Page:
KB Arsenal will be presenting a blueprint for this technology in 2018, if the project is successful it will be the first nuclear-powered satellite in space since the nuclear-powered satellite made by the USSR in 1988.
According to reports, the blueprint presented in 2018 by KB Arsenal, will include technical specifications, as well as orbits for the possible deployment of space nuclear power plant.
In addition, to be nuclear-powered, the satellite will have a laser system which will be used to recharge other satellites and spacecraft in orbit. A Russian space agency called Roscosmos has allegedly made a contract with KB Arsenal, a research installation based out of St. Petersburg to build the new satellite.
According to technology magazine, Popular Mechanics using lasers to power and recharge is a concept that has been around for quite a while. According to a report from Russia Today (RT), Roscosmos is devising a nuclear reactor with a power output in a range of 100 kW and 1,000 kW. Allegedly, the project for the satellite was revealed when KB Arsenal was brought in to study the ‘space nuclear power plant’.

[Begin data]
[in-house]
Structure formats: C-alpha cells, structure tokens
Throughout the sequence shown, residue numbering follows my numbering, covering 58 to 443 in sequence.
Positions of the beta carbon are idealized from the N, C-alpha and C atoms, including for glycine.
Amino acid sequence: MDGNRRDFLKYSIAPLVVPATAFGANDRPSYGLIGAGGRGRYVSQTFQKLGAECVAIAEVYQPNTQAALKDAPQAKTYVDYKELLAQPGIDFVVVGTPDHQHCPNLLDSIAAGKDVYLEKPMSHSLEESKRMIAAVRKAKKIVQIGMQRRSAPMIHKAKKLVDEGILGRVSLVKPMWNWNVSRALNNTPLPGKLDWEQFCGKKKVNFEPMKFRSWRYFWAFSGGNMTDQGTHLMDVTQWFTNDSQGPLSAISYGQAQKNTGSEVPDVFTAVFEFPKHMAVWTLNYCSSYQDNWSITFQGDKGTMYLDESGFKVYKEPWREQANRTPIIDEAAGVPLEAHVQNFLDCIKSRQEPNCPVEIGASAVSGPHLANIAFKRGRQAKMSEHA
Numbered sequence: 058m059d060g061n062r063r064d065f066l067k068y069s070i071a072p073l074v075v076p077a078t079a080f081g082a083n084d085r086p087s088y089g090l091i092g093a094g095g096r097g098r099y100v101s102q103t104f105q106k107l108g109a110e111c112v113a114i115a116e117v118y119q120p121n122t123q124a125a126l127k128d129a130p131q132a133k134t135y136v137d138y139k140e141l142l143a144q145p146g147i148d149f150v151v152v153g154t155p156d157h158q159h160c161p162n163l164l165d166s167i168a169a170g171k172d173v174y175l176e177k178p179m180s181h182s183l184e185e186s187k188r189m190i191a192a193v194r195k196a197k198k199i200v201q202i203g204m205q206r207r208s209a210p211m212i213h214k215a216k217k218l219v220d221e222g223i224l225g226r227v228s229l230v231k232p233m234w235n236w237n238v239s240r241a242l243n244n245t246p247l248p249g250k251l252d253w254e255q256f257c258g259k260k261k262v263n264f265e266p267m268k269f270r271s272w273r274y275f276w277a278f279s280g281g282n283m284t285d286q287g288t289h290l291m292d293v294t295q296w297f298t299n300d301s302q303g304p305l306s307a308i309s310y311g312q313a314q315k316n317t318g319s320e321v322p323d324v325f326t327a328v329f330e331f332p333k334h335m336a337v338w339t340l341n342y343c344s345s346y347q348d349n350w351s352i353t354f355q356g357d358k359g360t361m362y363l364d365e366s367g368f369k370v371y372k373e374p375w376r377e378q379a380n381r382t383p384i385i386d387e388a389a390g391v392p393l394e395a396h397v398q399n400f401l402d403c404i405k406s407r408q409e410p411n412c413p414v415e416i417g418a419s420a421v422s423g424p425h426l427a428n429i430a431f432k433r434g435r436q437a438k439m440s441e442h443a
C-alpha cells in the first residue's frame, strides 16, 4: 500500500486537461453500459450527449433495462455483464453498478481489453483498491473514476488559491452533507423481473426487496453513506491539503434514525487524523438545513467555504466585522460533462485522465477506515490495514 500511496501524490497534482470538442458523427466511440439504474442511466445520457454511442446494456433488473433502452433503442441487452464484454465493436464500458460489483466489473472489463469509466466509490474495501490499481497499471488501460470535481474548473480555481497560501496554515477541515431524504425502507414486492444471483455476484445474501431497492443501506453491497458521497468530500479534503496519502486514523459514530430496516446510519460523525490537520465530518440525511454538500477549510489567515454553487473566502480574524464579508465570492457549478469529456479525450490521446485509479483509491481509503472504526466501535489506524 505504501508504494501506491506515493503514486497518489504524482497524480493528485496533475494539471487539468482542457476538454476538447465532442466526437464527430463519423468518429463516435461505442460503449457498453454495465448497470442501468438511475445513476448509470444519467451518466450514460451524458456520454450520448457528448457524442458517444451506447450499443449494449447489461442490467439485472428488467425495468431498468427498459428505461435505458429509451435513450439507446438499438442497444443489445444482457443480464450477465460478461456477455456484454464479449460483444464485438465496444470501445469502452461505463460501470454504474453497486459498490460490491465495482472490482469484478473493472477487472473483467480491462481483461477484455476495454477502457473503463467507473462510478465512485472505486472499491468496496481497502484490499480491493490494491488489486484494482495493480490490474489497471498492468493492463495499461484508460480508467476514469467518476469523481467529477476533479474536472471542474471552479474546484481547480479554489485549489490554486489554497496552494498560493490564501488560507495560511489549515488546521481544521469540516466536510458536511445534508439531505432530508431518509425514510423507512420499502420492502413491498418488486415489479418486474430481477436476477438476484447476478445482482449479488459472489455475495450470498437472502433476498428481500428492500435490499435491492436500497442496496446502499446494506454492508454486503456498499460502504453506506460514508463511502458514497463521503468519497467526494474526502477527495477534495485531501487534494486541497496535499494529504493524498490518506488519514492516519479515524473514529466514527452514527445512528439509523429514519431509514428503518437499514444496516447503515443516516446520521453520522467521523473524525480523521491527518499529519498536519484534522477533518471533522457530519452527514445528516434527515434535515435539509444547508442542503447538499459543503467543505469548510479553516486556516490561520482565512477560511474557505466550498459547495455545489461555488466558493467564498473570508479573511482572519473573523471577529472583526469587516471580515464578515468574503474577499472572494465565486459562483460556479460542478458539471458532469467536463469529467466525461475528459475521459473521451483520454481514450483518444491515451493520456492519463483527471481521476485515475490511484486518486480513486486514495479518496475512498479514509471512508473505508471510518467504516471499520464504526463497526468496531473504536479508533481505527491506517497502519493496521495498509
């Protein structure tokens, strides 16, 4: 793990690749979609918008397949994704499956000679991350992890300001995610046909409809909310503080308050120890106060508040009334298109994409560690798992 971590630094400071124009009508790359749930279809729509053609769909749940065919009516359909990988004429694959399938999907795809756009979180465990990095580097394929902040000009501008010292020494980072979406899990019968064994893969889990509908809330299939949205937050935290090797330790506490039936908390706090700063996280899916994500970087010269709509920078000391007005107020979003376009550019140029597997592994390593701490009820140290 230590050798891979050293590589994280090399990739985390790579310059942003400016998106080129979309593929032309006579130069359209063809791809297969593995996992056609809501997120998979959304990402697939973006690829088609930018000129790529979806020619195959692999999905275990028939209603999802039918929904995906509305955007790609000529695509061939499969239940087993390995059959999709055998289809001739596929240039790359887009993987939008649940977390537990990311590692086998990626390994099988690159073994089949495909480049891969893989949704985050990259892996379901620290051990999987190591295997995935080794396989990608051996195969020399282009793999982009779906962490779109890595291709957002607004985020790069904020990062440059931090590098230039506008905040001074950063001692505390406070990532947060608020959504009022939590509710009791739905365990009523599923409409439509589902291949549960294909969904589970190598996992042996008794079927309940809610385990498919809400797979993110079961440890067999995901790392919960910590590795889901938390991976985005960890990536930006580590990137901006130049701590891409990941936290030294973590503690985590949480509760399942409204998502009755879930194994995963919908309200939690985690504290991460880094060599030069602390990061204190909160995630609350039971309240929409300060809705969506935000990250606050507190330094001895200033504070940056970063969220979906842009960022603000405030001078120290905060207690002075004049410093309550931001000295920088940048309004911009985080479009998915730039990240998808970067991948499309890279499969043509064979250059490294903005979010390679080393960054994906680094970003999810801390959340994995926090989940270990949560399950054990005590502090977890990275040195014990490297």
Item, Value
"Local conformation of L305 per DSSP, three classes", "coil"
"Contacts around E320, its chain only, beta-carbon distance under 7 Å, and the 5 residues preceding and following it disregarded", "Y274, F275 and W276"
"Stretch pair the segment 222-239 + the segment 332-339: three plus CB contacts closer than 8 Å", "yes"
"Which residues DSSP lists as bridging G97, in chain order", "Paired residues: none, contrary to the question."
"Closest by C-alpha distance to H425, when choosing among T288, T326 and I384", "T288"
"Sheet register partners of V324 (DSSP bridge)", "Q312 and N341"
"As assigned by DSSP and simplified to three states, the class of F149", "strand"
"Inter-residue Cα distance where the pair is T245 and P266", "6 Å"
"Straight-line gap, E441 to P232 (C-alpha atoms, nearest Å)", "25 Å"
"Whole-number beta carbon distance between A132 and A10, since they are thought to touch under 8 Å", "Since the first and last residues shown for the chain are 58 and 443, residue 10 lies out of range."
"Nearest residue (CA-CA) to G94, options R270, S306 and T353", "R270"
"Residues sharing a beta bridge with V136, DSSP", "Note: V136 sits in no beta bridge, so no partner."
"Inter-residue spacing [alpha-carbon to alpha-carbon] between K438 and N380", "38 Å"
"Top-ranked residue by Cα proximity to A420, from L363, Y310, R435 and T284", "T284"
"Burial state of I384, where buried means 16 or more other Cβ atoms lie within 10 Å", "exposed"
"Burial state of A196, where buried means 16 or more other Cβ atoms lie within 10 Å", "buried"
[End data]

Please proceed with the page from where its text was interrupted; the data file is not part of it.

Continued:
Popular Mechanics notes as an example a demonstration made by Lockheed Martin in which electrical powered drones were charged in mid-air. The method of recharging chosen by Lockheed Martin at that time were focused laser beams pointed at a photovoltaic cell within the aircraft.
Russia Today, in addition to Popular Mechanics remarks, mentions both Russia and the US have tested nuclear options for space flight in the past. However, the Soviet Union used nuclear technology in more than 30 missions. Apparently, KB Arsenal was chosen for this project by Roskosmos because they had previous experience with nuclear-related technology including the Topaz reactor, (a device that under high temperature, inside a vacuum tube, converts heat into electricity) which was tested on satellites in the 1980s.
Russia Today’s report also included Russia’s interest on nuclear propulsion systems for space. This method of propulsion could prove to be useful for profound space missions. Solar panels, however, are more advantageous for orbital satellites, according to RT’s report. It remains unclear whether the nuclear propulsion project will end up as a concept or as a working model.